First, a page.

In regards to the liver, S-Adenosylmethionine (SAM-e) and betaine would be of benefit.  SAM-e is an important methyl donor and required for the production of CoQ10, carnitine, methyl cobalamin, and phosphatidylcholine.   SAM-e is indicated to up-regulate and increase the antioxidant glutathione in the body and reduce inflammation by upregulating interleukin 10.  It also inhibits apoptosis of normal liver cells.  A deficiency of SAM-e impairs function of the liver and leaves the liver more susceptible to damage.  Clients with methylation cycle impairment, such as those with the MTHFR polymorphism, are at a much higher risk here.

Betaine

Betaine is another major methyl donor and used in the creation cycle of methionine, further assisting to help raise SAM-e levels in the body.  A study on betaine supplementation with humans over one year found that the aminotransferase enzymes ALT and AST where significantly improved and liver biopsy showed reduced fatty infiltration and fibrosis.

The client was prescribed the following, this is a high number of supplements with most being only initially for a period of less than 3 months.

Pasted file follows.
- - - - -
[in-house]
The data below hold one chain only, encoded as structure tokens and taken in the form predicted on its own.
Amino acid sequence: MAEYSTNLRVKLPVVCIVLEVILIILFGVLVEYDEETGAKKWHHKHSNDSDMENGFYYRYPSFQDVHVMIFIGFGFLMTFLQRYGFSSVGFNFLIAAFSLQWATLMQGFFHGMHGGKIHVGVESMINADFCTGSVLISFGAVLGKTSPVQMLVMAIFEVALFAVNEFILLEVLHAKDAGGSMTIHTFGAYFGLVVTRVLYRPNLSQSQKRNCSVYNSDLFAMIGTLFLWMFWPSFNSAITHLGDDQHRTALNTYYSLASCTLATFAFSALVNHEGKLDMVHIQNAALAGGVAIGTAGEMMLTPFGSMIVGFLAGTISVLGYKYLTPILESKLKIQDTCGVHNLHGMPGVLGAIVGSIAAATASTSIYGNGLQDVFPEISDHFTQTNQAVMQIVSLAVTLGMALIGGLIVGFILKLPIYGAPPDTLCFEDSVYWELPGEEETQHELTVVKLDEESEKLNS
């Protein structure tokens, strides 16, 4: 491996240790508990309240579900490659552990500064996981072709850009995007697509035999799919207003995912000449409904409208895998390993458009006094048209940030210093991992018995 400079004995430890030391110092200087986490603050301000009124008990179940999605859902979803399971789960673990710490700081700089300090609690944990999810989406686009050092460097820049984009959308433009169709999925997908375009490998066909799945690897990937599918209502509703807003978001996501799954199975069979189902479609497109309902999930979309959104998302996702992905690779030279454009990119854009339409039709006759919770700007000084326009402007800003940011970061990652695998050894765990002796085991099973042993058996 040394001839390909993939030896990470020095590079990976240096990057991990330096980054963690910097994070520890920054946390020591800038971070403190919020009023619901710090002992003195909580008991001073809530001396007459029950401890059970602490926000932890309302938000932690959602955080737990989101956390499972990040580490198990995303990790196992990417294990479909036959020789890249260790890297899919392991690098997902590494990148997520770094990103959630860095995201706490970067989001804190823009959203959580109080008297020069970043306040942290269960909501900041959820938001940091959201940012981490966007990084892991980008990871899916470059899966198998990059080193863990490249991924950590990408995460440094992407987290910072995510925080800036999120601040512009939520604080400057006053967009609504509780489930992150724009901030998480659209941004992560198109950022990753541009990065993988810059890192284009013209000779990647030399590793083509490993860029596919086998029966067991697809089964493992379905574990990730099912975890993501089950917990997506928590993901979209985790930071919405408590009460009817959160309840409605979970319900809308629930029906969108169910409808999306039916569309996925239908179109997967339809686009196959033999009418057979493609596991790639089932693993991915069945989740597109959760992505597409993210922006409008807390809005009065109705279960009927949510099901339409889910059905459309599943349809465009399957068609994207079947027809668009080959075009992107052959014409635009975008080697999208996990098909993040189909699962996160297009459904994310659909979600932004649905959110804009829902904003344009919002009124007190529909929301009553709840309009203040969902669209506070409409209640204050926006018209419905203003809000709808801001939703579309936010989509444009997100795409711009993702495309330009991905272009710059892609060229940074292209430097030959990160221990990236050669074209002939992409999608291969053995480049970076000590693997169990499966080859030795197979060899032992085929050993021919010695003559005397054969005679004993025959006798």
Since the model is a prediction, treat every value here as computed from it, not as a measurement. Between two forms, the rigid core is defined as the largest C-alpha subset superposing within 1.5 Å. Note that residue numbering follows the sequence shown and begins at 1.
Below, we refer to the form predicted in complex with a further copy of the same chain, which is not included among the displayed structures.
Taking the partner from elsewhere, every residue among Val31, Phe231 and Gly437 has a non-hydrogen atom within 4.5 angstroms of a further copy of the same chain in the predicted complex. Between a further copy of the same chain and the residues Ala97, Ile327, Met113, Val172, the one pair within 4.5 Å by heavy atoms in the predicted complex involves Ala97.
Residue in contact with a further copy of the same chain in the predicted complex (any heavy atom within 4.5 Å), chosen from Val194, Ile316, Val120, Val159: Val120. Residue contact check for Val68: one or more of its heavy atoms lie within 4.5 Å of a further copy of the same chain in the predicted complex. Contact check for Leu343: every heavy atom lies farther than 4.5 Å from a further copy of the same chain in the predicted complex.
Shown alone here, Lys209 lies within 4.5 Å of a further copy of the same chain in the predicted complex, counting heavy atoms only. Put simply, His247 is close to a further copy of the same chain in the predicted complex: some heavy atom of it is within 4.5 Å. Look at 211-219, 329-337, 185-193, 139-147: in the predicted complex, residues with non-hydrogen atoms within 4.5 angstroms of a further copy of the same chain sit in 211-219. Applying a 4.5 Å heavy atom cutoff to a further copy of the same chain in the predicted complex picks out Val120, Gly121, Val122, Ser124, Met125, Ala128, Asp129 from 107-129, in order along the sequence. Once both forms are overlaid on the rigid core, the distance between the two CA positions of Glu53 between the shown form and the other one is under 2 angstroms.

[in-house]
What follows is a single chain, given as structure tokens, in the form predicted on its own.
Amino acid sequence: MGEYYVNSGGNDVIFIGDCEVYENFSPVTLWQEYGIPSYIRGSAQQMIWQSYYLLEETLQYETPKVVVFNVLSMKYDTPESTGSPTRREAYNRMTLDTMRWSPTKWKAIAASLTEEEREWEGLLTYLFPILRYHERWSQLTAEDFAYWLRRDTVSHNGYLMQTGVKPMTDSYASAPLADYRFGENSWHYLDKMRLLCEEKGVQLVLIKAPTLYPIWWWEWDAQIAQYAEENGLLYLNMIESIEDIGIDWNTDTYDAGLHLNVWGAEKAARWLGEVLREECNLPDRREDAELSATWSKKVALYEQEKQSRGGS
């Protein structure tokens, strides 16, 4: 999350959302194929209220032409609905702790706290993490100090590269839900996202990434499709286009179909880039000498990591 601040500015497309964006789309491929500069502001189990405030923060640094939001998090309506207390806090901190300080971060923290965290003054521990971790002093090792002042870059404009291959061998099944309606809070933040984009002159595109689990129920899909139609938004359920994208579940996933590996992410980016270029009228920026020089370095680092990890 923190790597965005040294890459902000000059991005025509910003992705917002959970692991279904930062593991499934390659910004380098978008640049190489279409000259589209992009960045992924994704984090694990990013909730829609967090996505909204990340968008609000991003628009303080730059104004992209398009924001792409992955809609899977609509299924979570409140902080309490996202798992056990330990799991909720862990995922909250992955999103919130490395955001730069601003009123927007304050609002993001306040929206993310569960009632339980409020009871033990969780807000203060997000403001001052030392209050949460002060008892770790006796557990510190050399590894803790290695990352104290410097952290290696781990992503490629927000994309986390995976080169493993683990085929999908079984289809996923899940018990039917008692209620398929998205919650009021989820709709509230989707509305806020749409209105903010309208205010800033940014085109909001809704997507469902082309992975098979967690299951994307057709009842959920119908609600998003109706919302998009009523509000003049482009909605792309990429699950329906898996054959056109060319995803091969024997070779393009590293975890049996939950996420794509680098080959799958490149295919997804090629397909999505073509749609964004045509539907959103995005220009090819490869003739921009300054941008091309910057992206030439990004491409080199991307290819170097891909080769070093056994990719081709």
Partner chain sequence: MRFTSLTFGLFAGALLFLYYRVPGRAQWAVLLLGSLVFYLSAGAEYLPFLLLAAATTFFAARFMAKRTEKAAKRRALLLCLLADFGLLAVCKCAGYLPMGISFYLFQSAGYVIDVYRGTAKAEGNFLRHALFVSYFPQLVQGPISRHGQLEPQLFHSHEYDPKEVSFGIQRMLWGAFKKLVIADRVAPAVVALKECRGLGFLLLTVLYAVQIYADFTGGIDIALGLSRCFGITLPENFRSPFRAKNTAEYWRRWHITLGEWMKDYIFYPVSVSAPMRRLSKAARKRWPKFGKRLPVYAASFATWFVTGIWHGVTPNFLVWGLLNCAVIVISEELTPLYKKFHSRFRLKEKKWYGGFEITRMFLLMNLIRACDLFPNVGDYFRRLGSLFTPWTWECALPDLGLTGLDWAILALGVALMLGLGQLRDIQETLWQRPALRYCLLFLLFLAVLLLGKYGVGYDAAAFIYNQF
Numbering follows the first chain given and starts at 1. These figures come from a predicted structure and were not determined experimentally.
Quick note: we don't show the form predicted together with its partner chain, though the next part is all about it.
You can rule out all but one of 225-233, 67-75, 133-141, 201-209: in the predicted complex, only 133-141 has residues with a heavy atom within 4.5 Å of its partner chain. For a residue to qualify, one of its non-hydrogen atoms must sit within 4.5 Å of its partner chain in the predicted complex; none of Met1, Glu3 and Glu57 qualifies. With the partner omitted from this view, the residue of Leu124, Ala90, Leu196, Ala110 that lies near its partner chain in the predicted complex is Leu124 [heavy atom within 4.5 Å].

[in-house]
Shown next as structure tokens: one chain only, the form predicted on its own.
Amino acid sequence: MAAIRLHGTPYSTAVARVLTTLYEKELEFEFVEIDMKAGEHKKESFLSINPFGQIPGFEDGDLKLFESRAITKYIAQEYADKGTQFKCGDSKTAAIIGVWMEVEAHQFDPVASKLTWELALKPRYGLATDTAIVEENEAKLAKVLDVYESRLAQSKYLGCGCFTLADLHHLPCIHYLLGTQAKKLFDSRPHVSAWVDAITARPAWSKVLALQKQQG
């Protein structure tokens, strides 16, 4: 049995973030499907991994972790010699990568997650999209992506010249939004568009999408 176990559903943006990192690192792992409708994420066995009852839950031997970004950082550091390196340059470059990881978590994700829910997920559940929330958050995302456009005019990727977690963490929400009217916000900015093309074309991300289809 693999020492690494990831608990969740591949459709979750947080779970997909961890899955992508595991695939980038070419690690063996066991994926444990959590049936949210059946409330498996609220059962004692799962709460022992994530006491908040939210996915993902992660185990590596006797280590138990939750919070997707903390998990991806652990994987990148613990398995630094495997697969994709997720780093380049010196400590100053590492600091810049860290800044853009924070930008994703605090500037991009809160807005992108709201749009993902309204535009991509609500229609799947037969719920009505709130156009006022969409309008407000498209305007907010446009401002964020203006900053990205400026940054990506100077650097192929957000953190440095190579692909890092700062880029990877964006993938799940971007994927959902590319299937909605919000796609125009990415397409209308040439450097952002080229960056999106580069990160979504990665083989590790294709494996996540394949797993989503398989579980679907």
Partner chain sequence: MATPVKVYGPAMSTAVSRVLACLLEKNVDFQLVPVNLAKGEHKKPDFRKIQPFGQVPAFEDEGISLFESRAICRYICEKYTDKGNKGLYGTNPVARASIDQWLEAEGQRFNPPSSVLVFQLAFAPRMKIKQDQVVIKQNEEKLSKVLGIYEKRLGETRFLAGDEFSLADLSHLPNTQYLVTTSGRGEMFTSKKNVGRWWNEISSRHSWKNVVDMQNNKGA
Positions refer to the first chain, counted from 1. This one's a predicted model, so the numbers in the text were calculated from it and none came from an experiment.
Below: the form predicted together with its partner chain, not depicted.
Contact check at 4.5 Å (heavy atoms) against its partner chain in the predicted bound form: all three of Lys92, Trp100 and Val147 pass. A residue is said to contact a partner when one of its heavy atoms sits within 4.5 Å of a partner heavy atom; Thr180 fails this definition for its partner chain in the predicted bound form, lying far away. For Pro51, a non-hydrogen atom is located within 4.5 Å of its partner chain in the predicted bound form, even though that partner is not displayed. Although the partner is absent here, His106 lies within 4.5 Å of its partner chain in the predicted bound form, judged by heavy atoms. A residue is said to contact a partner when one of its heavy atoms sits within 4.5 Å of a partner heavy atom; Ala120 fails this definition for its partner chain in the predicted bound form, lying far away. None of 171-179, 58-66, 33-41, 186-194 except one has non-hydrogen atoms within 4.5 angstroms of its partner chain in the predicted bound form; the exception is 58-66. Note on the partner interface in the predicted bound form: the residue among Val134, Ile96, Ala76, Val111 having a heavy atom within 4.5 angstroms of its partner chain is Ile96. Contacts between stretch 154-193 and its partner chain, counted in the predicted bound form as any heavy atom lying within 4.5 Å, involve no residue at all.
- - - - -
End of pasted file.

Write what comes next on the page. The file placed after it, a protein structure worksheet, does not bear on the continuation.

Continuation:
Prescription

SupplementFunction
ChromiumInsulin resistance
MagnesiumInsulin signalling, glucose utilisation
Omega 3 EFA’sReduce inflammation
Alpha Lipoic AcidAntioxidant, enhances glucose uptake
B ComplexMultiple
Custom Liquid Herbal FormulaBlood sugar balancing, circulation and liver support
SAMELiver protection, methyl donor
BetaineLiver protection, methyl donor
Exercise – 3+ times per weekStress management, weight loss

Outcome

After 2 weeks of the modified diet and lifestyle, nutritional supplements and herbal protocol, the diabetic and liver symptoms were reduced considerably.  Much greater improvement was made at the 12 week follow-up consultation with the client reporting much more energy, losing 15kg of weight, feeling much happier and stable in his mood and food cravings completely gone.   The lifestyle changes will need to be kept up long term to avoid the symptoms reappearing and continue weight loss.

***This case and dosages prescribed were specific to the individual and presenting condition, this protocol may not suit everyone with these symptoms.  A consultation with a suitably qualified practitioner should be undertaken before commencing any treatment ***